The cost of dementia

Dementia is defined as a chronic disease of ageing with cognitive decline that interferes with independent functioning. There are few predictive factors or preventive measures available so as populations age the burden of dementia will increase on more individuals, their families, their communities and the state. The cost to the individual of dementia is impossible to quantify, and never will be calculable. Neither will it be to their partners nor family who ‘lose’ a loved one and are faced with caring for a person who ‘used to be someone else’ with all the emotional, societal and financial demands such care requires.

But in developed countries where the mean life expectancy has reached 80 years and with dementia rates at 15% in 70-year-olds and increasing with age, the looming scenario needs to be faced financially. To assist with calculations Hurd et al. (NEJM 2013;368:1326–34) looked at what it costs to care for a person with dementia for a year in the USA. They came up with a figure of $50 000 or a total figure for the country of $200 billion per annum. They predict that this amount will rise by 80% in the next 30 years.

Women outlive men by approximately 5 years. The same means of reducing the risk of breast cancer risk are those that will reduce the likelihood of dementia, namely exercise, weight control with a Mediterranean diet, exercise, not smoking or drinking excessively and possibly hormone therapy. Retaining sharpness through using mental processes is also protective. Now is the time to encourage as many of these preventive measures as possible.

Why hasn't the polypill caught on?

Since cardiovascular disease is the premier cause of death across the world, why is there not a pill that reduces a person's risk of a cardiac event? An antihypertensive, a statin and some aspirin combined in a single pill and taken by everyone over the age of 55 years would surely be in everyone's interests? The concept of a polypill is 12 years old yet it has not taken off.

The drugs are not expensive and would pay for themselves in therapeutic costs saved, they have few adverse effects and the clinical trial results are promising—so why the inertia?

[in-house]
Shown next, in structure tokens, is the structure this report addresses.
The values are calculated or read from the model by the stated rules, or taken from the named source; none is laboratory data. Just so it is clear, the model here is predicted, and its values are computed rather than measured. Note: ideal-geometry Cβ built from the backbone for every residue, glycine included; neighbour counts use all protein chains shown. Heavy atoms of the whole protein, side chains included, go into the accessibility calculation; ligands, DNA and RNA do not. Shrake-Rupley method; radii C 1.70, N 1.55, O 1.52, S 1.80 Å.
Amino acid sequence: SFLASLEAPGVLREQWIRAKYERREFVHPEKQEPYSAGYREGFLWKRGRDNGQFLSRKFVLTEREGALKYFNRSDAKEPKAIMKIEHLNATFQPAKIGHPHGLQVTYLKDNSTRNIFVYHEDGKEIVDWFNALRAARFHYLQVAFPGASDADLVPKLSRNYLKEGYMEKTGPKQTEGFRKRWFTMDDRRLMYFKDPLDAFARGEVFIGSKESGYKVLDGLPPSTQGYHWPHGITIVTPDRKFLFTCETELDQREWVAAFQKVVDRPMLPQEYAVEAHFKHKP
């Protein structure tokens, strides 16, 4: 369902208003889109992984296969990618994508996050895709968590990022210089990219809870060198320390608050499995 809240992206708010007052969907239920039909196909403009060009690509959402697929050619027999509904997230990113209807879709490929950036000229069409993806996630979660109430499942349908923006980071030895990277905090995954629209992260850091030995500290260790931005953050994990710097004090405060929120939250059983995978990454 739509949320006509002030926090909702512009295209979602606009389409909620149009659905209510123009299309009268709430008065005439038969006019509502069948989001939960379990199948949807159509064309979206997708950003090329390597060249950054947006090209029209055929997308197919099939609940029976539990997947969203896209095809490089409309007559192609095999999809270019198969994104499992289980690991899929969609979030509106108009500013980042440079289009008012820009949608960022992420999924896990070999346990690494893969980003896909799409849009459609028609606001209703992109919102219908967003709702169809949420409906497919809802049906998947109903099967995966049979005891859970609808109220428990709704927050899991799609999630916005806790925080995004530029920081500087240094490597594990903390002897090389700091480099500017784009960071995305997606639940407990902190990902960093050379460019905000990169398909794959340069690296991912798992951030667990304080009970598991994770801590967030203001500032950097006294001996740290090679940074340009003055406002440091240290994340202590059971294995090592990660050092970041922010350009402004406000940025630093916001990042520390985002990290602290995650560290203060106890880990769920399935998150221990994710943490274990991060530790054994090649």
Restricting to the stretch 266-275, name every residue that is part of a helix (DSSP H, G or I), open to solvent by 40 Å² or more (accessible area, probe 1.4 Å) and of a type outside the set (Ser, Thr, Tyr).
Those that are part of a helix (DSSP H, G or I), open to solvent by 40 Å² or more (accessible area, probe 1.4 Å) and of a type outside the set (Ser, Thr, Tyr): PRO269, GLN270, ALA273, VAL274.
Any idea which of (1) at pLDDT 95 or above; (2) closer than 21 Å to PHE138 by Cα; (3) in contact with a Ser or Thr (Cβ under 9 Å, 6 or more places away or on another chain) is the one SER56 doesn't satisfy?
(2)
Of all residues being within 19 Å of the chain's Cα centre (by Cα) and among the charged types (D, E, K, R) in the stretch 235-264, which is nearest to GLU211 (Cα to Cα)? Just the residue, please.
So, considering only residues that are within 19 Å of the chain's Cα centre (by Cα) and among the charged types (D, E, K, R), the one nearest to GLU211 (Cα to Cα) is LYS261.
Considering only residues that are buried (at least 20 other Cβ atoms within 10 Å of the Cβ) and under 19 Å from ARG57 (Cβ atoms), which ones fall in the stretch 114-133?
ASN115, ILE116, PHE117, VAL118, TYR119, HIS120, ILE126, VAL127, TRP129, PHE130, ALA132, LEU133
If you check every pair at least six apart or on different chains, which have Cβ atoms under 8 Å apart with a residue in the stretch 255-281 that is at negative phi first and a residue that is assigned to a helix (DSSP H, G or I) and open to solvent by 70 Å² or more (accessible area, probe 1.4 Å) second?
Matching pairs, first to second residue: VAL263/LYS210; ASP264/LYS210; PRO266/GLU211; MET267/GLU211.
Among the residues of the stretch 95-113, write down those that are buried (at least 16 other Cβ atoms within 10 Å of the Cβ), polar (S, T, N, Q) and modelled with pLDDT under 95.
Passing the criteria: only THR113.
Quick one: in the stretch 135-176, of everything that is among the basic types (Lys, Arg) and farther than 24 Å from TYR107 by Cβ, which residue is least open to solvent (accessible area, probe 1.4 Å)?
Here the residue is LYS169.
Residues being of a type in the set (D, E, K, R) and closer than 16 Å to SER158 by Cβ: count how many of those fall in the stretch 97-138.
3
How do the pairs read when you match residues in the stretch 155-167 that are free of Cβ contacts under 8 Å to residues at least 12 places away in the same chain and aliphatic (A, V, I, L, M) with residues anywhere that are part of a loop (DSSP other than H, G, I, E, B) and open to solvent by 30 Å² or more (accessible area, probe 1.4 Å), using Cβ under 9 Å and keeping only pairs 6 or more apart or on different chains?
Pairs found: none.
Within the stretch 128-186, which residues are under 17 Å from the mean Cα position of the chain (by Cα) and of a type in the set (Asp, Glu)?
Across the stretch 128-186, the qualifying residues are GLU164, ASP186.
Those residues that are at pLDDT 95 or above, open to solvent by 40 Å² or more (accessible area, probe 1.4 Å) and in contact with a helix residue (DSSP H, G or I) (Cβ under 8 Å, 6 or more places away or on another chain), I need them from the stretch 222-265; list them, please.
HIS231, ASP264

Smith et al. (JAMA 2013;309:1595–6) suggest several reasons. The reluctance of regulators to sanction a polypill for primary prophylaxis is understandable. They would require large trials over many years to agree that otherwise healthy citizens should be given medication that is not entirely harmless—however large the population benefit. Second, the public would need convincing and given the scepticism over vaccines, would adults participate in large enough numbers to make a difference? Third, who would be responsible for an abreaction to one of the polypill's components? Could supporting medical groups or manufacturers be sued? Fourth, there is no coherent business model making it worth someone's financial while to manufacture, distribute and monitor a population-sized endeavour. Surely if there were money to be made the pharmaceutical giants would be queuing up to participate?

The true reason is probably that those who are motivated to choose healthy lifestyles are the most likely people to take a polypill—and those with unhealthy habits and most likely to derive benefit, will not. It is therefore a project that is attractive, but doomed at the same time or, put more prosaically, ‘My heart is in it but my wallet isn't’.